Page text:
You are swiftly led into the darker deepening spiral of a co-dependent relationship, in which both Nico and Rosa become isolated into a world marked by equal amounts of sudden bursts of passion and violence. This leaves you questioning how to think and feel.

Joy and Plockley’s playing of Rosa and Nico interactions during each scene are perfectly composed to reflect the painfully haunting traumatic toxic mix unfolding between Nico and Rosa of mental pain arising from a lack of maternal contentment, loss and grief that proves unbearable for all the characters. The intensity of the gritty and raw emotion creates explosive scenes leaving you reeling following this roller coaster ride of a play.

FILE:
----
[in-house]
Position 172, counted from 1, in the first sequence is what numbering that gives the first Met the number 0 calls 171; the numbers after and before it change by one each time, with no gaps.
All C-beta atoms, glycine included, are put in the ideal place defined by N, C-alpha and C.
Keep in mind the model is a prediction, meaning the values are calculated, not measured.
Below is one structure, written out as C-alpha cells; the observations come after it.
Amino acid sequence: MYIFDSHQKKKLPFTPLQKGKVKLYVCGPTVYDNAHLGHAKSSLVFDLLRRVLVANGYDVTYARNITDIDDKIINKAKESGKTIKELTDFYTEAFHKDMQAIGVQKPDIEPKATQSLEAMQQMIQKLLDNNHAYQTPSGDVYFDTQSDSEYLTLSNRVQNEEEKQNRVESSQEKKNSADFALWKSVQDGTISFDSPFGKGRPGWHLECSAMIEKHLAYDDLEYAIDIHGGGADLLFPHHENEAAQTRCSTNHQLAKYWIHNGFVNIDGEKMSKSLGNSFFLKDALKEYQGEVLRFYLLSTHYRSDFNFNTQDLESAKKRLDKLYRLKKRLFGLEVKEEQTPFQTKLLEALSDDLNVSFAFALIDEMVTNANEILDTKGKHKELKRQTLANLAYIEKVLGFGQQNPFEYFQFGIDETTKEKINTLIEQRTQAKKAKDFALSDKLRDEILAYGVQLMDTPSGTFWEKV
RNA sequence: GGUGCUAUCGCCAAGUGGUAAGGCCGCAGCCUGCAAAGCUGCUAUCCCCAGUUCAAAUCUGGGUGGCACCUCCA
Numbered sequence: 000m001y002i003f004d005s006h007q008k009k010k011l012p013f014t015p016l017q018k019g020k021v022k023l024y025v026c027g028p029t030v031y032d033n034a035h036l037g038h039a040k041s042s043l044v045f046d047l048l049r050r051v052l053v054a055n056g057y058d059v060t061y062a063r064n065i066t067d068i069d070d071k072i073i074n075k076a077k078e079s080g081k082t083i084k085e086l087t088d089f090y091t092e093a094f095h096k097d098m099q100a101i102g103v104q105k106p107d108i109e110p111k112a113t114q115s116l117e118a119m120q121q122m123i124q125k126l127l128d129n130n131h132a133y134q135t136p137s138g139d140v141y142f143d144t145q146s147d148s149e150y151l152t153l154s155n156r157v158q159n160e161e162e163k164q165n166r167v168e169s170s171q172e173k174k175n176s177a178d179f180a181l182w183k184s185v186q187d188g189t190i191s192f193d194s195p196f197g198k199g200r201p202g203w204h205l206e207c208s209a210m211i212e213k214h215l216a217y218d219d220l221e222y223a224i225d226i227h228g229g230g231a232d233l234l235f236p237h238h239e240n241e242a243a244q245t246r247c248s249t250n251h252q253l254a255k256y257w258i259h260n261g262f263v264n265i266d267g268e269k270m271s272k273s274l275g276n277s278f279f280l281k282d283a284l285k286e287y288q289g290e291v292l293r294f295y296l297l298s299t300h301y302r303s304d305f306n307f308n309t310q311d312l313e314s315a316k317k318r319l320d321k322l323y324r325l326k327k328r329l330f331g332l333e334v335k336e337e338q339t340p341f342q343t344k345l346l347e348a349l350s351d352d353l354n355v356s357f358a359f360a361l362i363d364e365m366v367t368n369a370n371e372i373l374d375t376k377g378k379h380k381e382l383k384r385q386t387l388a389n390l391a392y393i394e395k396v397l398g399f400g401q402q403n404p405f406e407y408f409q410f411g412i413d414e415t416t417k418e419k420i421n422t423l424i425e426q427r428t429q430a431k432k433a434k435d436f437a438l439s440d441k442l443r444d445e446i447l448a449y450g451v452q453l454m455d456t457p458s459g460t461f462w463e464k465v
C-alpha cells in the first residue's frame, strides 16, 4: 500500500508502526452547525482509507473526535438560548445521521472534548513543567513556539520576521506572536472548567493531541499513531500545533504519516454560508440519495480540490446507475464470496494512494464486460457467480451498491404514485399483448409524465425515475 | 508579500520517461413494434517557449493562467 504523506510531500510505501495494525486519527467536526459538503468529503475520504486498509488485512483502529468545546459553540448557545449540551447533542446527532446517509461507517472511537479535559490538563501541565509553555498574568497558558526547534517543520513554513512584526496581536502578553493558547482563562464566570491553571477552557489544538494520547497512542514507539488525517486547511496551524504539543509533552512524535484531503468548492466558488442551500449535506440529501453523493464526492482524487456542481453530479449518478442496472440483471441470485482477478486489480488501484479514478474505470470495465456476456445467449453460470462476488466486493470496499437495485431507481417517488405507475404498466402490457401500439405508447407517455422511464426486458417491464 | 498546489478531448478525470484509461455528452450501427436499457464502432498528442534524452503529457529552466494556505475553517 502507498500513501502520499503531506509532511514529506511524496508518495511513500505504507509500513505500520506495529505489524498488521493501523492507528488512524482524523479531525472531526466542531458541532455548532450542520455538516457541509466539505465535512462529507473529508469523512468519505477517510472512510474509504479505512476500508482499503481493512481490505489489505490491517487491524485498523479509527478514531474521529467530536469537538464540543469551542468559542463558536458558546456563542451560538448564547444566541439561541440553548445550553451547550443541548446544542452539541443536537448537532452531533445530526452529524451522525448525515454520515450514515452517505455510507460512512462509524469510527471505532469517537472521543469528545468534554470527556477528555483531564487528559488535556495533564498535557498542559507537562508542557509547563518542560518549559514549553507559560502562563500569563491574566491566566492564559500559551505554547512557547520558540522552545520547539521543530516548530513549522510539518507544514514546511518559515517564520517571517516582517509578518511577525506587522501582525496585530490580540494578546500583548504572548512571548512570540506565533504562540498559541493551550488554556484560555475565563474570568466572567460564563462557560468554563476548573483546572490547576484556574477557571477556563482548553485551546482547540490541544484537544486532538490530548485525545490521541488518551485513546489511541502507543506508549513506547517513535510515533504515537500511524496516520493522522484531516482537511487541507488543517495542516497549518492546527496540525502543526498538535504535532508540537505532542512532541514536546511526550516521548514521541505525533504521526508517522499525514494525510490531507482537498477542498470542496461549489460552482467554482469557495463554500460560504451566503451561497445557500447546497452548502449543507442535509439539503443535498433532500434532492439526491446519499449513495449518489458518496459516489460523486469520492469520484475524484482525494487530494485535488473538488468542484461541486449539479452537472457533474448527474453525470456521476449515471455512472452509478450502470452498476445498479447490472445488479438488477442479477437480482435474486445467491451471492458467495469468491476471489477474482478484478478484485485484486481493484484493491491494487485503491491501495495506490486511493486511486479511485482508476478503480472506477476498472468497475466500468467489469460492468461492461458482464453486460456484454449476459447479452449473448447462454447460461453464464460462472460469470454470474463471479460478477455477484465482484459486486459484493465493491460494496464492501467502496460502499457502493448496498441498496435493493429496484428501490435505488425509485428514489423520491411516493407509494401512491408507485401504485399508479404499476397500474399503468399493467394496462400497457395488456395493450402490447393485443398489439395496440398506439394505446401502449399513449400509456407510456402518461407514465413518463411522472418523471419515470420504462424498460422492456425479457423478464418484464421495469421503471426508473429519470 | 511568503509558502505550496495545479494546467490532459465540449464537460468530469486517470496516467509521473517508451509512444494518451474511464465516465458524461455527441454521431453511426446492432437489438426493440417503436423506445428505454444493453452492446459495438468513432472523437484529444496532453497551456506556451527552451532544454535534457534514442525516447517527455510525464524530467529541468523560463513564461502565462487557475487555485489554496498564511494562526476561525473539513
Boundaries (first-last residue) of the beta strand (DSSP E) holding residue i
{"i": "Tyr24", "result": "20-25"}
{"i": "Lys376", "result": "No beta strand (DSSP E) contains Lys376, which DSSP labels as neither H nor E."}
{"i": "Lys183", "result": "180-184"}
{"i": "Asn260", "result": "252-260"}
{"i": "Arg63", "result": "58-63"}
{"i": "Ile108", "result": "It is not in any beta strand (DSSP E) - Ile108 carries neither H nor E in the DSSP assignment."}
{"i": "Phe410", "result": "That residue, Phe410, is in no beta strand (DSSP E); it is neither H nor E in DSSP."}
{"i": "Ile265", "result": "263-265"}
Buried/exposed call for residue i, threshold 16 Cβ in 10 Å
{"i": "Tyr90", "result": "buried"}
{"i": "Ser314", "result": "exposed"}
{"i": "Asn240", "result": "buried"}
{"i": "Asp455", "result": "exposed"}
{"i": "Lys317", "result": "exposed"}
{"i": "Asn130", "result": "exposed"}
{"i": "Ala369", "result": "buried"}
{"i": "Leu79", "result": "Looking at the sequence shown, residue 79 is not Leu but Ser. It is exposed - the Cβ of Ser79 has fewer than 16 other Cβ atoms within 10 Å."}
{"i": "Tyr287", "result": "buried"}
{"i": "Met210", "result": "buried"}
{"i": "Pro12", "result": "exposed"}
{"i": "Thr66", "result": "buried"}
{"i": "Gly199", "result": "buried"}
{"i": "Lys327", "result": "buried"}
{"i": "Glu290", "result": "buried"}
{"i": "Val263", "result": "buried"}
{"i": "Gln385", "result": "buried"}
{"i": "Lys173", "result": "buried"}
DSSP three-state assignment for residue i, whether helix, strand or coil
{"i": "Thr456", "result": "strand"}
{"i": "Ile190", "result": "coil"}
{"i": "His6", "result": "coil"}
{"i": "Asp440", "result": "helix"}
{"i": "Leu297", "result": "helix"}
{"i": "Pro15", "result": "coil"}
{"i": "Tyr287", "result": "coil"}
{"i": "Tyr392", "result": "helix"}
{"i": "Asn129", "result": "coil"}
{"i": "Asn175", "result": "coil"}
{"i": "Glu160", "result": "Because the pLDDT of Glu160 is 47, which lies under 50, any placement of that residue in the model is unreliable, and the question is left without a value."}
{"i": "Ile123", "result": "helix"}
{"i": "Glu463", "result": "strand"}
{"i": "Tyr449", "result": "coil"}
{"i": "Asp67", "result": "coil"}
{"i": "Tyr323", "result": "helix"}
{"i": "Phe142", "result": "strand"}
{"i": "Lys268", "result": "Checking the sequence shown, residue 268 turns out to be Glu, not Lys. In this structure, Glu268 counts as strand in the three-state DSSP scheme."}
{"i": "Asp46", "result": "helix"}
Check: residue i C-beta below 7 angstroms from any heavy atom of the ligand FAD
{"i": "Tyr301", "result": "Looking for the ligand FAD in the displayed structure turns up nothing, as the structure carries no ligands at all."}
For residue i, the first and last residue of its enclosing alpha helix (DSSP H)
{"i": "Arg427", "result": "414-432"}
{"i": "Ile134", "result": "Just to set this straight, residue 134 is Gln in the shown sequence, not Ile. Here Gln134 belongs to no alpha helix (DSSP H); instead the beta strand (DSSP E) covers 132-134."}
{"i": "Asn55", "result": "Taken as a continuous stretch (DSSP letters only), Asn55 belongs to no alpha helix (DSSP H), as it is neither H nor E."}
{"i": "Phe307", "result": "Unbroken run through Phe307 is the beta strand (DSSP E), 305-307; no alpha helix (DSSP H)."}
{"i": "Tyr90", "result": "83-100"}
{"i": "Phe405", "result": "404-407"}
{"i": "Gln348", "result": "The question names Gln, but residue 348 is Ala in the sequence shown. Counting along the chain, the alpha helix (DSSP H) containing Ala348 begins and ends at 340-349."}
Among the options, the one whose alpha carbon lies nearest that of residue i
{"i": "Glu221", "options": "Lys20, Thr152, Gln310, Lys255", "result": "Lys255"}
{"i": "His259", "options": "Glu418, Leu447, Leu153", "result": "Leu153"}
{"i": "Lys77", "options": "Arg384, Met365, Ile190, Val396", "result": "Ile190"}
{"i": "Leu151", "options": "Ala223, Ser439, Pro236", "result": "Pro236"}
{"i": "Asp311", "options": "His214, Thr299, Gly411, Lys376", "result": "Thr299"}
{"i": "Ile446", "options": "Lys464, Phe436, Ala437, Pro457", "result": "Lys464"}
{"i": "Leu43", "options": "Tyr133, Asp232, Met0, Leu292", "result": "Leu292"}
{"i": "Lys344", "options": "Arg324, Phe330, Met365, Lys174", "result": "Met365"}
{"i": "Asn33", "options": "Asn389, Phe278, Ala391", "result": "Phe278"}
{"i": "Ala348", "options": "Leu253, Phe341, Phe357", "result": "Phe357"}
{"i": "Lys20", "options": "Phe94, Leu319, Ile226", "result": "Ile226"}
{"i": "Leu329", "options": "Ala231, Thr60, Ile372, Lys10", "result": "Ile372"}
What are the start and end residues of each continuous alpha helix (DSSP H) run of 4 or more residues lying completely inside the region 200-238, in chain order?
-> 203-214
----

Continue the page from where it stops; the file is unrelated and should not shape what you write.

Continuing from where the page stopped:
Joy and Plockley boldly lead the audience with this intensely energetic, frenetic, performance, taking you to the depths of desperation, pain, anxiety, fear and rage, with the intention of raising your awareness of the complexities of human relationships.

The audiences was left stunned and evoked left to contemplate their own inner conflict at the end of show, left feeling both compassion for Nico’s character and Rosa’s grandmother who becoming an innocent victim in the couples destructive dynamic.

Rich pickings #Best of 2015

It has been so hard to select these twelve shows to represent the year just gone but I have selected my personal faves that have to be treasured and exalted for their talent and excellence. Thanks to all of you who made this possible.



White Christmas @ West Yorkshire Playhouse


‘an all-singing, all-dancing bubble of festive fun and hope’